Archive | Appaloosa

Unusual appaloosa

CloudyApp3

While searching through some old binders, I found some photographs of an unusual Appaloosa pattern. I apologize for the rather poor quality of the images, which were taken in a poorly lit arena using a traditional (non-digital) camera. I’ve tried to bump up the brightness without losing too much in the way of detail. Apparently the horse was never in the right position to get a good side shot, which is a shame.

He caught my eye because of how abruptly his coat transitioned to the dark areas of his pattern. Also unusual was how rounded the edges were. This is especially visible on his face and neck.

CloudyApp1

The other unusual aspect of his pattern was the “bleached edge” effect on some of the roaned areas. You can see one on the bridge of his nose, both in the picture above and this one from the front.

CloudyApp4

The above shot also shows how the roaned areas appear to “pool” around the dark parts of his legs. Dark leg marks like this are pretty common on appaloosas, but the nature of the roaning, which looks a lot like fleabiting on a grey, all in discreet areas (with those oddly rounded edges) while areas of relatively clear bay remain is quite odd. If this was an artistic representation, and not a real horse, I would have said the artist needed to work on more realistic transitions  on the legs.

CloudyApp2

CloudyApp5

On both the leg shots, the faintly whiter outline on the roan areas can be seen. The blanket pattern on his hindquarters, though, is pretty normal. I’ll include a close shot, since the spots show a really nice contrast between the two different types of halo-spotting. The darkest spots have halos that are made up of a mix of white and colored hairs, while the centers are colored. The centermost spot has a halo created by dark skin underneath white hair. The center of that spot is a mix of white and colored hair, though elsewhere there are spots that have dark skin halos and purely colored hair centers.

These photos are probably close to 15 years old now, and I never did learn the name of the horse. If anyone recognizes him, please drop me a note. I’d love to be able to look into his background.

Continue Reading

More appaloosa color shifting

NicoleJorysAppJack

Nicole Jory shared a photo of her appaloosa pony, Jack, in the comments section of the post on snowflake patterns. I wanted to share him here because he is also a great example of color shifting on a bay appaloosa. His stockings hide it on the other three legs, but if you look closely at the left foreleg you can see the odd pewter color where the leg would normally be black. For some reason color shifting seems more common on black appaloosas than on bays, so I was happy to find such a good example.

He also has what I call an “occluding spot” over what would probably have been a bald face. Nicole suspected he was carrying a splash pattern, and I would tend to agree. Blue eyes and this type of face marking are very common in Appaloosas that trace back to Bright Eyes Brother, who is believed to have carried classic splash (SW1).

JoryAppJack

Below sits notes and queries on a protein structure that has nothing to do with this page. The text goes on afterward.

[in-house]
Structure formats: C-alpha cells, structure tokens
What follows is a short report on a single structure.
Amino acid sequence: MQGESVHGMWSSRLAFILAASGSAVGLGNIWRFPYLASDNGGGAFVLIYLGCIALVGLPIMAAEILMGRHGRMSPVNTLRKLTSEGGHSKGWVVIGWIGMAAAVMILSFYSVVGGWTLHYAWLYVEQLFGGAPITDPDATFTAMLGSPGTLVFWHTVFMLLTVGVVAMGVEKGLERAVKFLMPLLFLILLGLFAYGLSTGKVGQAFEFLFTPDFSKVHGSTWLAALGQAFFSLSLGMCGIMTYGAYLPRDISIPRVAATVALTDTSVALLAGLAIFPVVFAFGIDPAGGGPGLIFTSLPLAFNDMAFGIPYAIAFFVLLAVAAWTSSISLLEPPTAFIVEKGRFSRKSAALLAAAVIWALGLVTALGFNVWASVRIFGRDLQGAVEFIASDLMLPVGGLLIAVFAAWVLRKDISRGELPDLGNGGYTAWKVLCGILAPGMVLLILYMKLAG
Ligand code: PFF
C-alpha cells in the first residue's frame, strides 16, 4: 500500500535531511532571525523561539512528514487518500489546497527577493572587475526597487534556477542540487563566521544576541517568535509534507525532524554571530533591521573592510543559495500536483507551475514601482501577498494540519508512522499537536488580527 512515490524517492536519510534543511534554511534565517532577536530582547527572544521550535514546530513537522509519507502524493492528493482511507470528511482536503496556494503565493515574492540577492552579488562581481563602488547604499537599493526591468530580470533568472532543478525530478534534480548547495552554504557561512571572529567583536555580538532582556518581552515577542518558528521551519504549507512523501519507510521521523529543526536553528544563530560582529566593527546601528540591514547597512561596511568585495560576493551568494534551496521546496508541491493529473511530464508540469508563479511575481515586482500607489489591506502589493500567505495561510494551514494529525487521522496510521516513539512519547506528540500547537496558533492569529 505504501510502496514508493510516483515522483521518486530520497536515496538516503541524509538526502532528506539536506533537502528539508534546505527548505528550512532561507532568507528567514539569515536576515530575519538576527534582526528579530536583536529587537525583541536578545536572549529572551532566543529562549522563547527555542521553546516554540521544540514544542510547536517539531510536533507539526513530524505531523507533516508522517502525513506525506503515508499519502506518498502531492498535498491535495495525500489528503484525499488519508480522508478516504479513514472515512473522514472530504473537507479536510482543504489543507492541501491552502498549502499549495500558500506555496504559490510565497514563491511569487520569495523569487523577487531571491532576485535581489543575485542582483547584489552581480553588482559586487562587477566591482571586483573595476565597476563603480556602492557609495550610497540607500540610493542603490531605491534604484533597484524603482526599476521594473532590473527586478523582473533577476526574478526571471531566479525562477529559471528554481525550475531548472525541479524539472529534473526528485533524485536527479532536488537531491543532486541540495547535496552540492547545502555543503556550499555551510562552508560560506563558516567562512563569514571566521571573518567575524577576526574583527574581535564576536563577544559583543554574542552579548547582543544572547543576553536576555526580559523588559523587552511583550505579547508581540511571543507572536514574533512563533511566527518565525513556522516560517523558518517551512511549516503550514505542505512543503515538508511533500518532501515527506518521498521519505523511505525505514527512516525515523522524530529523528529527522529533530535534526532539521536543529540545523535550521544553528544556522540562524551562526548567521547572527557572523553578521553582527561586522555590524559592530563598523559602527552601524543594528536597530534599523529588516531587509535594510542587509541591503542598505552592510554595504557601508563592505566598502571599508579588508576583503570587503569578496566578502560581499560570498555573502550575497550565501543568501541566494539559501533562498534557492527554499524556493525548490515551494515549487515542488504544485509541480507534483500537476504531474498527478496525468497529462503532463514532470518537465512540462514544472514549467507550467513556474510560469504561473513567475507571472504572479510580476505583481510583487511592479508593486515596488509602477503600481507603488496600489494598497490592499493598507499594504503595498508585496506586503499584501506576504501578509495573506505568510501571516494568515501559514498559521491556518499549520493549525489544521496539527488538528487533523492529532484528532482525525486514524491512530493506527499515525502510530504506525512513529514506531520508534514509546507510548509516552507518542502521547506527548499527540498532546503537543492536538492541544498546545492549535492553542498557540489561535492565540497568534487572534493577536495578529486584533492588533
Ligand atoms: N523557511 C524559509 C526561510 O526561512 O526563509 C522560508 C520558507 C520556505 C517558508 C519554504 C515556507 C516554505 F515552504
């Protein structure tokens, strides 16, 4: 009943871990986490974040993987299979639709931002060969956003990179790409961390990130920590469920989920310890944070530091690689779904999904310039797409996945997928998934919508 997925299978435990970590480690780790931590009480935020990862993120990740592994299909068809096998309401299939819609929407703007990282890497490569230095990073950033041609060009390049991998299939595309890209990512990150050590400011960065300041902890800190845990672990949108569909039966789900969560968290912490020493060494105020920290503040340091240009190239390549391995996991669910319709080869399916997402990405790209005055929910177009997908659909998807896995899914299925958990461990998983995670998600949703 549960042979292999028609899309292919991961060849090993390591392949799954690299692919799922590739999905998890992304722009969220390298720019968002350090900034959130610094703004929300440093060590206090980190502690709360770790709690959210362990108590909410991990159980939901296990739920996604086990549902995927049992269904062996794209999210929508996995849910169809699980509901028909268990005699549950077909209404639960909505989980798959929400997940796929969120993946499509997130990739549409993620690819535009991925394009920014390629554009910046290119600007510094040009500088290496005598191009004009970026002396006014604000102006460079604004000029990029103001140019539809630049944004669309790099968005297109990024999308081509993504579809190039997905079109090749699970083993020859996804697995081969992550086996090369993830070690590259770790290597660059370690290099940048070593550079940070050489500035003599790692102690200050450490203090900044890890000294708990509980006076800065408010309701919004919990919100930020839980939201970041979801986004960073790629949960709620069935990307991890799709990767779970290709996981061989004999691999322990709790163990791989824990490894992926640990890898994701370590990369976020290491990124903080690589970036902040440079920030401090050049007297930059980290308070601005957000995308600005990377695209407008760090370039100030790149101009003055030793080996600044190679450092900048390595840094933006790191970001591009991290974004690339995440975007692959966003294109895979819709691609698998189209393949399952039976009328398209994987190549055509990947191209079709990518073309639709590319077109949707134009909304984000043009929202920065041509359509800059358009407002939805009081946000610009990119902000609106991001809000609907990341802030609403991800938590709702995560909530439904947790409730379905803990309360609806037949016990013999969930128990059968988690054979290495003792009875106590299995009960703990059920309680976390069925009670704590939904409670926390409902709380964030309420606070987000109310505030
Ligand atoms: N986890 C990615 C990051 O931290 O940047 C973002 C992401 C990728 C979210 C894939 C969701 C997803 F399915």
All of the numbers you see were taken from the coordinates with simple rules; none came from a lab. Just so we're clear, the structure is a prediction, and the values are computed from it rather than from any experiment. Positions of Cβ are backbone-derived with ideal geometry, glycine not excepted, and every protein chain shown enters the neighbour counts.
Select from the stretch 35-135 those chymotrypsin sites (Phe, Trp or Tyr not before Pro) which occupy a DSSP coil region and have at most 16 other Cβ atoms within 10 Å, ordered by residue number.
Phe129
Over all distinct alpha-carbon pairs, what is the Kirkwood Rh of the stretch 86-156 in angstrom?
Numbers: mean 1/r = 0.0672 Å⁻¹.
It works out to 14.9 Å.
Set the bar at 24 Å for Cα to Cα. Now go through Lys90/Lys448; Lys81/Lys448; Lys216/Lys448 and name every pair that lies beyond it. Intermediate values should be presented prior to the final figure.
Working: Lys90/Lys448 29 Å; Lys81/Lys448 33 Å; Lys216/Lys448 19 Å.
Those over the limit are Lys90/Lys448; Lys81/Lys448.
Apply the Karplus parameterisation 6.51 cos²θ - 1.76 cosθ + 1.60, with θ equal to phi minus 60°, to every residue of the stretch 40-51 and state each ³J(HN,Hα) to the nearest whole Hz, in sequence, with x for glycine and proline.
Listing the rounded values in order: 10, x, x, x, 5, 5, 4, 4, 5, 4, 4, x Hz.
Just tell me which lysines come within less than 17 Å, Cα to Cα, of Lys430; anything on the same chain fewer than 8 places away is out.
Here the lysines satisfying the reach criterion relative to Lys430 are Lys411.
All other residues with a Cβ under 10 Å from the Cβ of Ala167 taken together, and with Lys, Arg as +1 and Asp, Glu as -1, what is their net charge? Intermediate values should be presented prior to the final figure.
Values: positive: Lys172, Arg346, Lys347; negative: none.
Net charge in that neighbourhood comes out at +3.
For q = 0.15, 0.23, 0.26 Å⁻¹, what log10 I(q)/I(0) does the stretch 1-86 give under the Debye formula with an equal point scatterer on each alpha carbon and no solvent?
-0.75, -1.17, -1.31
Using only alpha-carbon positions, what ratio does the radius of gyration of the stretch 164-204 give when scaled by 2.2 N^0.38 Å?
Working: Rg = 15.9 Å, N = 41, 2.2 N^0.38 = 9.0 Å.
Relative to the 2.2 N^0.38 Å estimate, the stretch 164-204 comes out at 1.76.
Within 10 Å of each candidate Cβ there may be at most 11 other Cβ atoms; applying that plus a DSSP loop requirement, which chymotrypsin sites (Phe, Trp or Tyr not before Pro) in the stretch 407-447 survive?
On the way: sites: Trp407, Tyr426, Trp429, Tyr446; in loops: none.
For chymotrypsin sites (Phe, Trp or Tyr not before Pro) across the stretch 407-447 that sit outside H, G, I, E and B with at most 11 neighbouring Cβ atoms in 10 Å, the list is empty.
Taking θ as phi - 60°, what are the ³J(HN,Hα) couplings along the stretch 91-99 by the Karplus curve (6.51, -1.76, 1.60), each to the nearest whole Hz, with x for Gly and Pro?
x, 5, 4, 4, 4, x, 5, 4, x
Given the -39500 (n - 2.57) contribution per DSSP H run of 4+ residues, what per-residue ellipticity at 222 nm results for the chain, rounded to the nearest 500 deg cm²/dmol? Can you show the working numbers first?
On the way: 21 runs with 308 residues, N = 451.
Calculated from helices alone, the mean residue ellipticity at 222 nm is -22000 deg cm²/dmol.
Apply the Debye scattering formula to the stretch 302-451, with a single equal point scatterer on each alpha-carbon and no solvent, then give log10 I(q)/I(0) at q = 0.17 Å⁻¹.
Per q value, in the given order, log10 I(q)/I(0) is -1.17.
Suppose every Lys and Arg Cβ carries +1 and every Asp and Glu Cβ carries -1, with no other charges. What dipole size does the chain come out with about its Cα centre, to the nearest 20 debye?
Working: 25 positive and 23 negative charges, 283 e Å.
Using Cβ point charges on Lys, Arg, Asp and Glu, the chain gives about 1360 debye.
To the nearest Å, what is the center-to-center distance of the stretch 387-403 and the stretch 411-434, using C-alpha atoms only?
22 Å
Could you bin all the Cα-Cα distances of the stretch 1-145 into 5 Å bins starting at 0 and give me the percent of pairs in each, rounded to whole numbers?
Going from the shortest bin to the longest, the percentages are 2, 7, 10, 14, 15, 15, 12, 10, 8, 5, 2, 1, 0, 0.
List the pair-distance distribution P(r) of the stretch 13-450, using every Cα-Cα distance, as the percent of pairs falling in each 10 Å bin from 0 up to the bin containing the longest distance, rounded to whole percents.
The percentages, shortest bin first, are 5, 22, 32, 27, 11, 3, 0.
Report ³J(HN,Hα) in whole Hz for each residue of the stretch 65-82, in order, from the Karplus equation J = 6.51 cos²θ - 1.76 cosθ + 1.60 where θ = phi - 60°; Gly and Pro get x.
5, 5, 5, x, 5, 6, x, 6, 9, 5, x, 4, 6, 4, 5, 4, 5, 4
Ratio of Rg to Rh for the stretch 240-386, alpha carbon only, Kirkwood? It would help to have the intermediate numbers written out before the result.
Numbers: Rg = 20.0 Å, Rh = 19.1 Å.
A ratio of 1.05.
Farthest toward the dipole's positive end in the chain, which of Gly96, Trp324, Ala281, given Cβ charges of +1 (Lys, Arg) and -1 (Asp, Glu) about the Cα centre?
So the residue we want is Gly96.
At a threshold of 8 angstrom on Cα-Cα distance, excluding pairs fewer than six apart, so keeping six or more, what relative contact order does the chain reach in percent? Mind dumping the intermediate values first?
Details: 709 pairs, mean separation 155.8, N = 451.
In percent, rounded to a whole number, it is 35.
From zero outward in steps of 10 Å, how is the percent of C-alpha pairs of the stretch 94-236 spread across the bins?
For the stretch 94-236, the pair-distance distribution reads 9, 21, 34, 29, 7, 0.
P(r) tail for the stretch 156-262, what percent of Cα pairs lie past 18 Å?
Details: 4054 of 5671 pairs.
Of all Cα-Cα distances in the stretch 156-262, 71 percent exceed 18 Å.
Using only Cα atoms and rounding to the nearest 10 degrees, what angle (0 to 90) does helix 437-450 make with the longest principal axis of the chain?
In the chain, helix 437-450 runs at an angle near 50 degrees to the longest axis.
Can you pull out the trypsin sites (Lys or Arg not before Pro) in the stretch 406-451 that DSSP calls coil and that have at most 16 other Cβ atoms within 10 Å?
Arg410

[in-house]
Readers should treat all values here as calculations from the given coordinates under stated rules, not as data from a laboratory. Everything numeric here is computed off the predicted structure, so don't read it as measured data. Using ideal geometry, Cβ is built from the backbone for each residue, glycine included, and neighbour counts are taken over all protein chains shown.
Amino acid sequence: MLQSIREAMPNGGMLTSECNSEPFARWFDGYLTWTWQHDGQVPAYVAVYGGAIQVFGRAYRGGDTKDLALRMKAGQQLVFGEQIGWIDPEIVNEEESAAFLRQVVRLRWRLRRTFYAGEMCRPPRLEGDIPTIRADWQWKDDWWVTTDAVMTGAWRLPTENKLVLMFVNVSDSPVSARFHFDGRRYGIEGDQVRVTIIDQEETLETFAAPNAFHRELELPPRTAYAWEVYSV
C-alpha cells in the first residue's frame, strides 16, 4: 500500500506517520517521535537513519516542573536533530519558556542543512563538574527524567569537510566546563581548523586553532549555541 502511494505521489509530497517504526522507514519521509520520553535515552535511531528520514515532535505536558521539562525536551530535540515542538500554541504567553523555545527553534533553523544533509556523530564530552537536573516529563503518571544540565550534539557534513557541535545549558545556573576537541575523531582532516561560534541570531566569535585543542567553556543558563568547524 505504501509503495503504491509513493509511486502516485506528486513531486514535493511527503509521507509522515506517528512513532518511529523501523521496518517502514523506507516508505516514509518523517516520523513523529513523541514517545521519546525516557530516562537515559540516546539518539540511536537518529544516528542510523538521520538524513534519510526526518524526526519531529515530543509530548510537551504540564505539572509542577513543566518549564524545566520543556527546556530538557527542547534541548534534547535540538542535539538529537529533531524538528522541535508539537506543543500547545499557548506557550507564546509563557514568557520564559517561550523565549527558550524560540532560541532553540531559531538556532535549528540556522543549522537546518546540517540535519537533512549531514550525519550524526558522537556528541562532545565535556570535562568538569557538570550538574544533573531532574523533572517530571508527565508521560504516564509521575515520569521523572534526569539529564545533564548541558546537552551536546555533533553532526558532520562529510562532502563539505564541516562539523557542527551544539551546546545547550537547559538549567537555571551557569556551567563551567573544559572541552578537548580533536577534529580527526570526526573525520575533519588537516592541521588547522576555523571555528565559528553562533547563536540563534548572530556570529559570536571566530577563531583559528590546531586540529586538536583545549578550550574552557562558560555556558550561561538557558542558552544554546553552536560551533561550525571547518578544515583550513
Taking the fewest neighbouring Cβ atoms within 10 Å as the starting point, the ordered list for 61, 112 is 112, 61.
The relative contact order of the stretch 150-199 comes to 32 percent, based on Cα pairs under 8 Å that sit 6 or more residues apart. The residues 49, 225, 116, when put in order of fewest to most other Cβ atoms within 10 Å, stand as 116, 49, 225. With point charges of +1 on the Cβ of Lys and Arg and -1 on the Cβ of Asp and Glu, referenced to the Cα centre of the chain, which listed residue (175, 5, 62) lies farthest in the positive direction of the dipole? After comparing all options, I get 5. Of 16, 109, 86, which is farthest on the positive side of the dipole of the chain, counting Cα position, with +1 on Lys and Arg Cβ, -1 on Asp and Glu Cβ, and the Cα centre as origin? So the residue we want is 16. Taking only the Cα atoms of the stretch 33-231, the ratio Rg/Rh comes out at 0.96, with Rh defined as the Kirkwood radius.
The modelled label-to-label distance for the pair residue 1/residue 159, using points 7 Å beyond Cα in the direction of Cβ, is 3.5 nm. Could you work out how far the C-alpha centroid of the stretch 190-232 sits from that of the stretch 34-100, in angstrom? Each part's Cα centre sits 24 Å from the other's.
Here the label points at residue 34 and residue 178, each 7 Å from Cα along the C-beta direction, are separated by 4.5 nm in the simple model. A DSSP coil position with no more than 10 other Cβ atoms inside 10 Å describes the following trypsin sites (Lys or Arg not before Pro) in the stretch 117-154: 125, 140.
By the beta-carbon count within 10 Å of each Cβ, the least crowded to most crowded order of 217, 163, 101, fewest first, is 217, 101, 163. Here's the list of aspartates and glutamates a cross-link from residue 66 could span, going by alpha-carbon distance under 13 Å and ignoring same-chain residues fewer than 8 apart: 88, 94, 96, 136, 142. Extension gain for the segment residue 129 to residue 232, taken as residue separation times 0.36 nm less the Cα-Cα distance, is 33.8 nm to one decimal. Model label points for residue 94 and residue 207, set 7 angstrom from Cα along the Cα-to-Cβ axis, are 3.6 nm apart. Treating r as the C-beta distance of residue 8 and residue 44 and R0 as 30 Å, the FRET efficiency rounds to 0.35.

Jack will make a good jumping off point for the next set of posts about those occluding spots, which I hope to post later over the weekend.

Continue Reading

Snowflakes and marbles

Snowflakes

Before I move on to badger faces, I wanted to share another unusual appaloosa from Steph’s files. She took these pictures at the 2012 Midwest Horse Fair, and I apologize for my less-than-perfect color corrections on them. This particular horse seemed intent on staying in the shade, so I had to play with the settings quite a bit so that his pattern was more visible.

Appaloosas that develop clusters of white hairs are often called snowflake appaloosas. Appaloosas that have larger, overlapping clusters of white hairs are sometimes called marbled. Horses that inherit both varnish roan (Leopard complex, or Lp) and grey seem particularly prone to developing the marbled pattern, but it also occurs on non-greys like this horse. Appaloosas like this tend to stand out from other appaloosa roans because they look more blotchy and contrasted, as the picture of this guy among other appaloosas shows.

Snowflakes4

If you look closely, this guy looks to have some kind of lacy, spotted hip blanket in addition to the marbling. The marbling also extends down the tailhead in fairly distinct round spots, which I thought was interesting. Like the moldy spots on yesterday’s horse, the whole effect looks very layered, with the darkest spots sitting on the topmost “layer” of the coat.

Snowflake2

The marbling was not evenly spread across the coat, but concentrated on the forehand and on the chest in particular. That is more noticeable in this shot.

Snowflakes3

In some ways those areas are reminiscent of type of patterns seen on horses with the white fungal markings. There are also horses that develop a similar pattern that is not thought to be related to the appaloosa patterns. You can find some of those, and some marbled appaloosas, on this Pintrest board.

Pint

Many appaloosas get some clustered spots of white as they roan. Here they are on the ears of my own near-leopard mare.

EarSpots

Around the same time she acquired white spots on her neck, chest and face, though those the existing roaning made them less noticeable than the ones on her ears.

SprinkContinental

It is not known why some appaloosas develop such an exaggerated version of this kind of clustered white spotting while most do not. Perhaps it is a modifier that redirects the roaning process, much like the Bend Or pattern appears to redirect the the sooty hairs into clusters on some horses. It is also possible that some of these horses may have some unrelated white spotting pattern, since breeders often assemble breeding groups that contain similar-looking colors that have a very different genetic cause.

Continue Reading